Each variant has strengths and weaknesses and can be upgraded with new parts salvaged from the environment. These upgrades allow the player to play the way he or she wants. For example, I chose the SMG over the long-range rifle because I fight with a style that’s much more up-close and personal.
Lara’s abilities can also be upgraded with far more options than in 2013’s adventure. Dozens of upgrades from increased salvage capacity to new combat maneuvers can be unlocked with Skill Points earned throughout the game.
Rise also solves one of the community’s main issues with tombs present in Tomb Raider. No longer does Lara find modern weapon parts in ancient tombs. Instead, she finds codexes filled with knowledge and techniques from the ancient people of Kitezh. This development makes far more sense in the grand scheme of things.
Speaking of tombs, there are nine tombs to raid in Rise, and they all vary in difficulty and the techniques required to solve their puzzles. Some only took me a few minutes to blaze through, but others took upwards of 20 minutes and a lot of head scratching to figure out.
Graphically, Rise is incredible as well. I’ve never seen a game on the Xbox One that looks as gorgeous as this one. Textures look realistic, the colors are vibrant and well balanced, and the vistas are jaw dropping. I have to applaud whoever designed the environment in Rise, because they did a fantastic job. I would gladly take snapshots from this game and frame them on my walls. The views are stunning, and I can only imagine how much better it will look when it launches on PC.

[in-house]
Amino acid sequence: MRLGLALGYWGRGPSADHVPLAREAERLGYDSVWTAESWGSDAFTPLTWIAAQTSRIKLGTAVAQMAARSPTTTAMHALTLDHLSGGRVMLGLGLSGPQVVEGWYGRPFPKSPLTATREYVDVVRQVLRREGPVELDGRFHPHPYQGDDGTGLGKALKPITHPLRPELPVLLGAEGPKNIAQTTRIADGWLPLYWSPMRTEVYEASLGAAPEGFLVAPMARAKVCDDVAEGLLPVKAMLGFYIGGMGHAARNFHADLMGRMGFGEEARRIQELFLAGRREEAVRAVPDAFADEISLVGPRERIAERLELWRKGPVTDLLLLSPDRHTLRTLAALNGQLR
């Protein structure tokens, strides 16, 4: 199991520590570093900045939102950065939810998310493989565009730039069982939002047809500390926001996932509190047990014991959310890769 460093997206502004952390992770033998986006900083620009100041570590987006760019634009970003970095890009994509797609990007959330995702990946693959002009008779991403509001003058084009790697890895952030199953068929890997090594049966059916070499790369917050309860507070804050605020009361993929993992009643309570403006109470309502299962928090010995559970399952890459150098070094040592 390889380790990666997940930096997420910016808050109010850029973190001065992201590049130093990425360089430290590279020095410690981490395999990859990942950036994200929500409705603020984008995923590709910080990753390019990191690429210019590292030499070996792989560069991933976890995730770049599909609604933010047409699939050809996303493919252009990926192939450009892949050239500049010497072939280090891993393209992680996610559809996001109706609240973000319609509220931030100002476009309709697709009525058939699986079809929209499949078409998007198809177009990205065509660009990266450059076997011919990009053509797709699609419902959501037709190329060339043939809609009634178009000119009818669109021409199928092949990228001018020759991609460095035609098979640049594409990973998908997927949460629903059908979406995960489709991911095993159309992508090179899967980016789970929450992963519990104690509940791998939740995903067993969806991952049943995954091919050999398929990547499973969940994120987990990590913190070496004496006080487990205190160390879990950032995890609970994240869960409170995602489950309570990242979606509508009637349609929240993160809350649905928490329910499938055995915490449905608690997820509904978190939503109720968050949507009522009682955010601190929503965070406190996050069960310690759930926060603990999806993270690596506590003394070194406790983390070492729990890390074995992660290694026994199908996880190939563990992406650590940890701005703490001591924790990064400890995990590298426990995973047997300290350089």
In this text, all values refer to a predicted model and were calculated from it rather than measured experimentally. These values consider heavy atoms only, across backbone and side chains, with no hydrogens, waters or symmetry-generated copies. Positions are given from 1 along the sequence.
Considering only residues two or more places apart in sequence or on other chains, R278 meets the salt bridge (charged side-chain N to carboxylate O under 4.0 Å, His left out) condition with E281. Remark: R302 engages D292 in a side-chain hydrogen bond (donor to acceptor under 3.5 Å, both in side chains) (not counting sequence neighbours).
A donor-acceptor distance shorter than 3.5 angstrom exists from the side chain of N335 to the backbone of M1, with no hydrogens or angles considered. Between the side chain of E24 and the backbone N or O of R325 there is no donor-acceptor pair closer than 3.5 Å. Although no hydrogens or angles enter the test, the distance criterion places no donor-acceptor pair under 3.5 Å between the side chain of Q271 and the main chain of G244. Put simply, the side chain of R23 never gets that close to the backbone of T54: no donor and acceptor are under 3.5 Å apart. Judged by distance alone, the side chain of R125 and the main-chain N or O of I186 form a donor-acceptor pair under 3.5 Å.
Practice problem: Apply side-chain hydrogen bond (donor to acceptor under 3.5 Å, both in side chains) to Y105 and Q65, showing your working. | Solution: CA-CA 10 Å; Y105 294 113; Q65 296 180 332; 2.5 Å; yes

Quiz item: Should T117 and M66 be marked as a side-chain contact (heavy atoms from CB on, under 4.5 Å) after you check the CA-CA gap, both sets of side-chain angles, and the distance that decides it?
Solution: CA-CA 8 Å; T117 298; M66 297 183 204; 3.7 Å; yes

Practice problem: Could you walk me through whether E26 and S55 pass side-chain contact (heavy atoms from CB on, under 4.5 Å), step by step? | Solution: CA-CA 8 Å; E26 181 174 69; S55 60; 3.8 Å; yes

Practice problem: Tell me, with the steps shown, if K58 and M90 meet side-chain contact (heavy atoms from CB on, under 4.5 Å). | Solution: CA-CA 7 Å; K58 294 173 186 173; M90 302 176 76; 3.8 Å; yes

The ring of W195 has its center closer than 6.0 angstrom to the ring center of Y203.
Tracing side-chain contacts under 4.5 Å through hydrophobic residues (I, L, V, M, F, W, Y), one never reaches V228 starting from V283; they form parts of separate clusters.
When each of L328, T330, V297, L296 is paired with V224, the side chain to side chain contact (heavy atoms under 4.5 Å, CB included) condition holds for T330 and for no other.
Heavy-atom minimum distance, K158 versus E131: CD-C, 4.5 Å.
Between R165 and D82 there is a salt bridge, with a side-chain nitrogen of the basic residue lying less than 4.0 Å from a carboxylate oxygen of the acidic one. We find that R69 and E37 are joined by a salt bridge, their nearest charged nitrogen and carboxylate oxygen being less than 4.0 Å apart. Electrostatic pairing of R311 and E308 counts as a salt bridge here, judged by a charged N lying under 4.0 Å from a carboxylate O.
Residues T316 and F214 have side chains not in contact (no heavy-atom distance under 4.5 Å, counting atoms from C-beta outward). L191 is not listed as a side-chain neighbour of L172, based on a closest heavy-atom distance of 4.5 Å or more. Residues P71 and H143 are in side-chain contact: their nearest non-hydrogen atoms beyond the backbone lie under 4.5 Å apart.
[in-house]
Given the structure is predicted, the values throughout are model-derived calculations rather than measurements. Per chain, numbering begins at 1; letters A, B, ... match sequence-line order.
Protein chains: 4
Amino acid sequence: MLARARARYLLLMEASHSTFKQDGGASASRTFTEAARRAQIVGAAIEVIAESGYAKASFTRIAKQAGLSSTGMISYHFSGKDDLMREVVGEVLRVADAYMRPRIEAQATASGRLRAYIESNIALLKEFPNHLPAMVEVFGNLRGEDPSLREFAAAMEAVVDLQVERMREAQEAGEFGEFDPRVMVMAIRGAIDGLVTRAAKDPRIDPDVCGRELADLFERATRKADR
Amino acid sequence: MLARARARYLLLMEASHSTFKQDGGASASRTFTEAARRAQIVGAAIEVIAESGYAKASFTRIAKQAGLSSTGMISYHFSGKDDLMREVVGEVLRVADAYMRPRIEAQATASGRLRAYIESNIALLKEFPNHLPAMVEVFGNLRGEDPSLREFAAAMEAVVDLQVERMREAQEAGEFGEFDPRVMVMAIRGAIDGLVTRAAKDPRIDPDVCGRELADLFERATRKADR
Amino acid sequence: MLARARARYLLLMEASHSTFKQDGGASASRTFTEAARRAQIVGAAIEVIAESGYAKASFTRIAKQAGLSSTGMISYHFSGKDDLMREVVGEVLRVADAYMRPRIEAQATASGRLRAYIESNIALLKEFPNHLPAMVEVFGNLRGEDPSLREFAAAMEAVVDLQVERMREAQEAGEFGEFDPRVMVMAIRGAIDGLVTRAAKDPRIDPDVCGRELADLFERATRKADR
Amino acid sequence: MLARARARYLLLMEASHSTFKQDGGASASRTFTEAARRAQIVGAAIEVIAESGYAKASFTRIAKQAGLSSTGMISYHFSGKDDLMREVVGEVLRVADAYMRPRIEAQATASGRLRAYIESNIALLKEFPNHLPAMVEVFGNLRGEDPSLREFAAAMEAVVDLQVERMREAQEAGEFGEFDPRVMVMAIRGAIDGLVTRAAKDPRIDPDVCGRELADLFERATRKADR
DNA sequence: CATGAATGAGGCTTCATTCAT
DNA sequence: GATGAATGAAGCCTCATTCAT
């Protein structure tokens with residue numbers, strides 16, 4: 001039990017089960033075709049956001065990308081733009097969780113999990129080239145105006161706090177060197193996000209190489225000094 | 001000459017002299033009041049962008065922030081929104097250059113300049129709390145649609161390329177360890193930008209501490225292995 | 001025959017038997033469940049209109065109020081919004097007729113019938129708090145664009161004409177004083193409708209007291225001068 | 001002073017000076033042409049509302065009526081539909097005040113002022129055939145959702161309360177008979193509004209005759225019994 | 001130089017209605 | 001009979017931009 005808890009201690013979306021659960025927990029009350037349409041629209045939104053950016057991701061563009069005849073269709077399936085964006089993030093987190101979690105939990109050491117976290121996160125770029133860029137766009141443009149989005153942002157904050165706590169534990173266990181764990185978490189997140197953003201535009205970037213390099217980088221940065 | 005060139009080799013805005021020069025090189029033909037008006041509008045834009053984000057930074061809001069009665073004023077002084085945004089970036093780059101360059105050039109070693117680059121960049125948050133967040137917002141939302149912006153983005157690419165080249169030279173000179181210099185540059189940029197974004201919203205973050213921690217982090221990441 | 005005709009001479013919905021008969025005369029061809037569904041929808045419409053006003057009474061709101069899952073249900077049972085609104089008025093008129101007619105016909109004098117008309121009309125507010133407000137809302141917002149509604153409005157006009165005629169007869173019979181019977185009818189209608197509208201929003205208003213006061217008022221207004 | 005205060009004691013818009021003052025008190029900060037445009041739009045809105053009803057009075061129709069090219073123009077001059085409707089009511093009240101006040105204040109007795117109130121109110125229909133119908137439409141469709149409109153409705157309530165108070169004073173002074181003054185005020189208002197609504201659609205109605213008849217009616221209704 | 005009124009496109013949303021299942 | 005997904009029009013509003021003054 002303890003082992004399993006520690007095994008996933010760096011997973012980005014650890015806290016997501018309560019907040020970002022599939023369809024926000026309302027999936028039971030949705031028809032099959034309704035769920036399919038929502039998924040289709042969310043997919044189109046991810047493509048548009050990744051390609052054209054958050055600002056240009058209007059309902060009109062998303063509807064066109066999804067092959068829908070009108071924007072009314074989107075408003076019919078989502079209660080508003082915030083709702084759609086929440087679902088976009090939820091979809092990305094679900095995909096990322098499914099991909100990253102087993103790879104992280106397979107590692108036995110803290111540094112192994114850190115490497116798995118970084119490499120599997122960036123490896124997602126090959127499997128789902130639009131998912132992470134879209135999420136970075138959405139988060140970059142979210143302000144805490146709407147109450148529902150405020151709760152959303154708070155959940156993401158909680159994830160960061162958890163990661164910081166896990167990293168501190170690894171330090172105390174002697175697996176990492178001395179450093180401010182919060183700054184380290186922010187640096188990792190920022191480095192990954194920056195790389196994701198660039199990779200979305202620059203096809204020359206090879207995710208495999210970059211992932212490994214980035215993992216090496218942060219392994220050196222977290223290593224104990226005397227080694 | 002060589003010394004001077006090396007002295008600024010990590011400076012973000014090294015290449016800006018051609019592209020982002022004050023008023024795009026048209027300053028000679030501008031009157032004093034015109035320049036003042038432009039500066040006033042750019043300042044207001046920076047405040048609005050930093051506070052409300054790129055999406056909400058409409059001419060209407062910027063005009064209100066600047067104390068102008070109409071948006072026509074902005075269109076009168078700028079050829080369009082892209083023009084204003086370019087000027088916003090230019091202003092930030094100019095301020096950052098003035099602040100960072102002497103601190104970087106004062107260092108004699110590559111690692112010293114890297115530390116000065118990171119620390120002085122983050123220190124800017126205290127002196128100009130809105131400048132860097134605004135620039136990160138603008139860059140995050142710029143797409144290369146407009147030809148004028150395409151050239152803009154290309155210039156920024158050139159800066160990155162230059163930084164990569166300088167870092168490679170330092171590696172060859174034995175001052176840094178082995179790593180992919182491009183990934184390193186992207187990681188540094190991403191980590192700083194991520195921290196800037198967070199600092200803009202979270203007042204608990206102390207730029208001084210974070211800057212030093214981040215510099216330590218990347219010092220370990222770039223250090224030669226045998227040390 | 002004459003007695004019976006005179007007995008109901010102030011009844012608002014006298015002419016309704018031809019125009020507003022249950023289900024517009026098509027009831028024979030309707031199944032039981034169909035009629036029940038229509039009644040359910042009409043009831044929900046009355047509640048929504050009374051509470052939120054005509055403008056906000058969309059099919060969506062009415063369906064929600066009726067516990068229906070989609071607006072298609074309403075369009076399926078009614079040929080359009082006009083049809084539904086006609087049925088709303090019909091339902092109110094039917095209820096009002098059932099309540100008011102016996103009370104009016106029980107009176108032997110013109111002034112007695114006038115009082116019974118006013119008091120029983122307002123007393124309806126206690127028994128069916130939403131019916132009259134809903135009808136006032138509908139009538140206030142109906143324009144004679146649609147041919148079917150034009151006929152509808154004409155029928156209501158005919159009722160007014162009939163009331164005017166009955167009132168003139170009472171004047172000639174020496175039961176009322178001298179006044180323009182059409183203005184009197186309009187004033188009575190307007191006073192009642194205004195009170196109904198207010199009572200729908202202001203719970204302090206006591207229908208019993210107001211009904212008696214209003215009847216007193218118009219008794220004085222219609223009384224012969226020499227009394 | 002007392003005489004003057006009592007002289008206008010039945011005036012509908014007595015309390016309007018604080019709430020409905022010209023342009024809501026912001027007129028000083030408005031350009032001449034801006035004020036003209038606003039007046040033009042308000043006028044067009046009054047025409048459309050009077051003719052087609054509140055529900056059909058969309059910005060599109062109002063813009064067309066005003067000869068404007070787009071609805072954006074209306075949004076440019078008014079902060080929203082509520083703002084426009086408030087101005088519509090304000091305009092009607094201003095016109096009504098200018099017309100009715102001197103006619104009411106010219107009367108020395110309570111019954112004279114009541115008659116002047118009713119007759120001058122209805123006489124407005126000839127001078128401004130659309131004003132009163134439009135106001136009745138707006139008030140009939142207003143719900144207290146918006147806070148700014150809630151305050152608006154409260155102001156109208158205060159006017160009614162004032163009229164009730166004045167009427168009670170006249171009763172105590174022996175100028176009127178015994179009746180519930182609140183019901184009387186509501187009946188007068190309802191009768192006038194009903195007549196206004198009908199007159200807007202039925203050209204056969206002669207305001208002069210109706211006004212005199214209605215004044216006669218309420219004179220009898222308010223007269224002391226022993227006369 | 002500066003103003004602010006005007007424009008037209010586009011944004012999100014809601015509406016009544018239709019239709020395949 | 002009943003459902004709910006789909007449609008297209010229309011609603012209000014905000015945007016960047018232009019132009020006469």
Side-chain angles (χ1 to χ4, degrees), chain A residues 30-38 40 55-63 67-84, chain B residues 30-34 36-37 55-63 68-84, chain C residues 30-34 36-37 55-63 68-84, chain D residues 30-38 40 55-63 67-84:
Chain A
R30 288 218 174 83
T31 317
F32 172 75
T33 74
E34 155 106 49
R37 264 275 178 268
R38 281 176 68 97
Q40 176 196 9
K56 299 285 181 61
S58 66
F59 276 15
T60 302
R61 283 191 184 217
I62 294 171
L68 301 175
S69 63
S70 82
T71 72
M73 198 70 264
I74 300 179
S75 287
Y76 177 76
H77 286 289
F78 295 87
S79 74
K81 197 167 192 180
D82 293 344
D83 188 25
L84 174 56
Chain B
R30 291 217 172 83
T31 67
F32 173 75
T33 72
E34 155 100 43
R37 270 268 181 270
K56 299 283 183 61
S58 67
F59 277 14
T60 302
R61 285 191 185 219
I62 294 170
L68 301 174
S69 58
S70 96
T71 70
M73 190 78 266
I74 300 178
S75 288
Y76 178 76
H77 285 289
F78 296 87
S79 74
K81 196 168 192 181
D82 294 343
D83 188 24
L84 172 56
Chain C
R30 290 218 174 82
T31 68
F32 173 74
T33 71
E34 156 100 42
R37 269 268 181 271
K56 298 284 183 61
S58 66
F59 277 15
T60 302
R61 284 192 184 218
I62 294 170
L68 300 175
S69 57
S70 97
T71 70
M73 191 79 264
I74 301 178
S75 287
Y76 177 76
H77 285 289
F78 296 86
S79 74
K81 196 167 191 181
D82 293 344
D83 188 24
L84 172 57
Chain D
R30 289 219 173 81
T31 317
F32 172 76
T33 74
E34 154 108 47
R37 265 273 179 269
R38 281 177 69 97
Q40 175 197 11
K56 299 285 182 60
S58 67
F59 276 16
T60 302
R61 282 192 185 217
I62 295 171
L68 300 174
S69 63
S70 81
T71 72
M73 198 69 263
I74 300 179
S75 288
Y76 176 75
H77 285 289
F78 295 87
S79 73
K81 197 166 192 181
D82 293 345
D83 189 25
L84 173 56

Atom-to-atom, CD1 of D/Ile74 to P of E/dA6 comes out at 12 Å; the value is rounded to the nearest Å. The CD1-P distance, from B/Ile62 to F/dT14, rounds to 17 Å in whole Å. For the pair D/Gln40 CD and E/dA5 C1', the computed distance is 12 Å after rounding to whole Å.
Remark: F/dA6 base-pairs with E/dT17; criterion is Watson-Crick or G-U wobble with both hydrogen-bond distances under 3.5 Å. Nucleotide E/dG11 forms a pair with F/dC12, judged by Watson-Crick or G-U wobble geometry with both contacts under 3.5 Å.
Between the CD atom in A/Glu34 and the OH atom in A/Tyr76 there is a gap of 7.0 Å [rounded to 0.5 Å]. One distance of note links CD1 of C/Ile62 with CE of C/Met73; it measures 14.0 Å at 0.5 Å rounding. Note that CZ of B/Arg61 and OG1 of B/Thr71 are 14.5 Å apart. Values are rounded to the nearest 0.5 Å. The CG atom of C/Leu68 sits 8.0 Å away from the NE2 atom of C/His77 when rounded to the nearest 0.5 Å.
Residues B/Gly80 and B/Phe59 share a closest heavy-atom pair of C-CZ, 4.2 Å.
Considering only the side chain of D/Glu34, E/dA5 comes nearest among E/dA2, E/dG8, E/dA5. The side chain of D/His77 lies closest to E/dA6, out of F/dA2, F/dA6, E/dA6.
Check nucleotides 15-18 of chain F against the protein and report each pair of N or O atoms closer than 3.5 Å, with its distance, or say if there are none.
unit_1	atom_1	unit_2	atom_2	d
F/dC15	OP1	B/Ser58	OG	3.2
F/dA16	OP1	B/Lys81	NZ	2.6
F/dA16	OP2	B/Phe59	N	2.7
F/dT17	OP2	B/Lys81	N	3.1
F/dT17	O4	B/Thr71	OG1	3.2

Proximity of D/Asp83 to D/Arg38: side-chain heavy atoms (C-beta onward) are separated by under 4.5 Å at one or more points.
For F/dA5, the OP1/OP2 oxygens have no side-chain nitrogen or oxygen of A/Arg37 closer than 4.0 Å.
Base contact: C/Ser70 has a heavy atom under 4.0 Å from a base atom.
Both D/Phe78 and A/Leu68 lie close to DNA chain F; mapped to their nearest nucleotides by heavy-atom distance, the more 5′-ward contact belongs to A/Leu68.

The world is large and there’s a lot to explore, so it’s a small miracle that there are no game-breaking bugs in Rise. Nonetheless, I did encounter a couple small ones. Lara’s hands glitch through surfaces sometimes. On one occasion, I was fighting a warrior who suddenly assumed a T-pose and stopped moving until I killed him. Lara’s body glitched and warped while sliding down a slope once. A bear I killed (oh, killing a bear is awesome, by the way) was sucked away by an invisible black hole.
None of these harmed the game in any way, but they did break the immersiveness of the experience a bit.
Outside of the main campaign, Rise also features Expeditions for Lara to embark upon. These range from time trials in previously completed story segments or tombs to user-created challenges. Modifiers can be added in the form of cards. Some harm Lara (start with no ammo, take more damage from fire, etc.) and result in more points that can be used to buy new cards. Some add strength (instant reloading, upgraded weapons, etc.) but result in fewer points earned.
These modes are fun, and although they won’t result in most players sinking an incredible amount of time into, they do add some replayability and some fun “what if” scenarios into the standard formula.
Rise of the Tomb Raider is truly a must-have exclusive for the Xbox One and a must-have game in general. The game is better than 2013’s Tomb Raider, and is a nearly perfect masterpiece. Its only shortcomings arrive in the form of odd bugs and a story that is very good but not quite perfect. Other than these small points, Rise of the Tomb Raider soars to new heights and has effectively created a new front-runner in gaming franchises.
Make no mistake: Rise of the Tomb Raider is incredible, and anyone with an Xbox One should snatch up this game.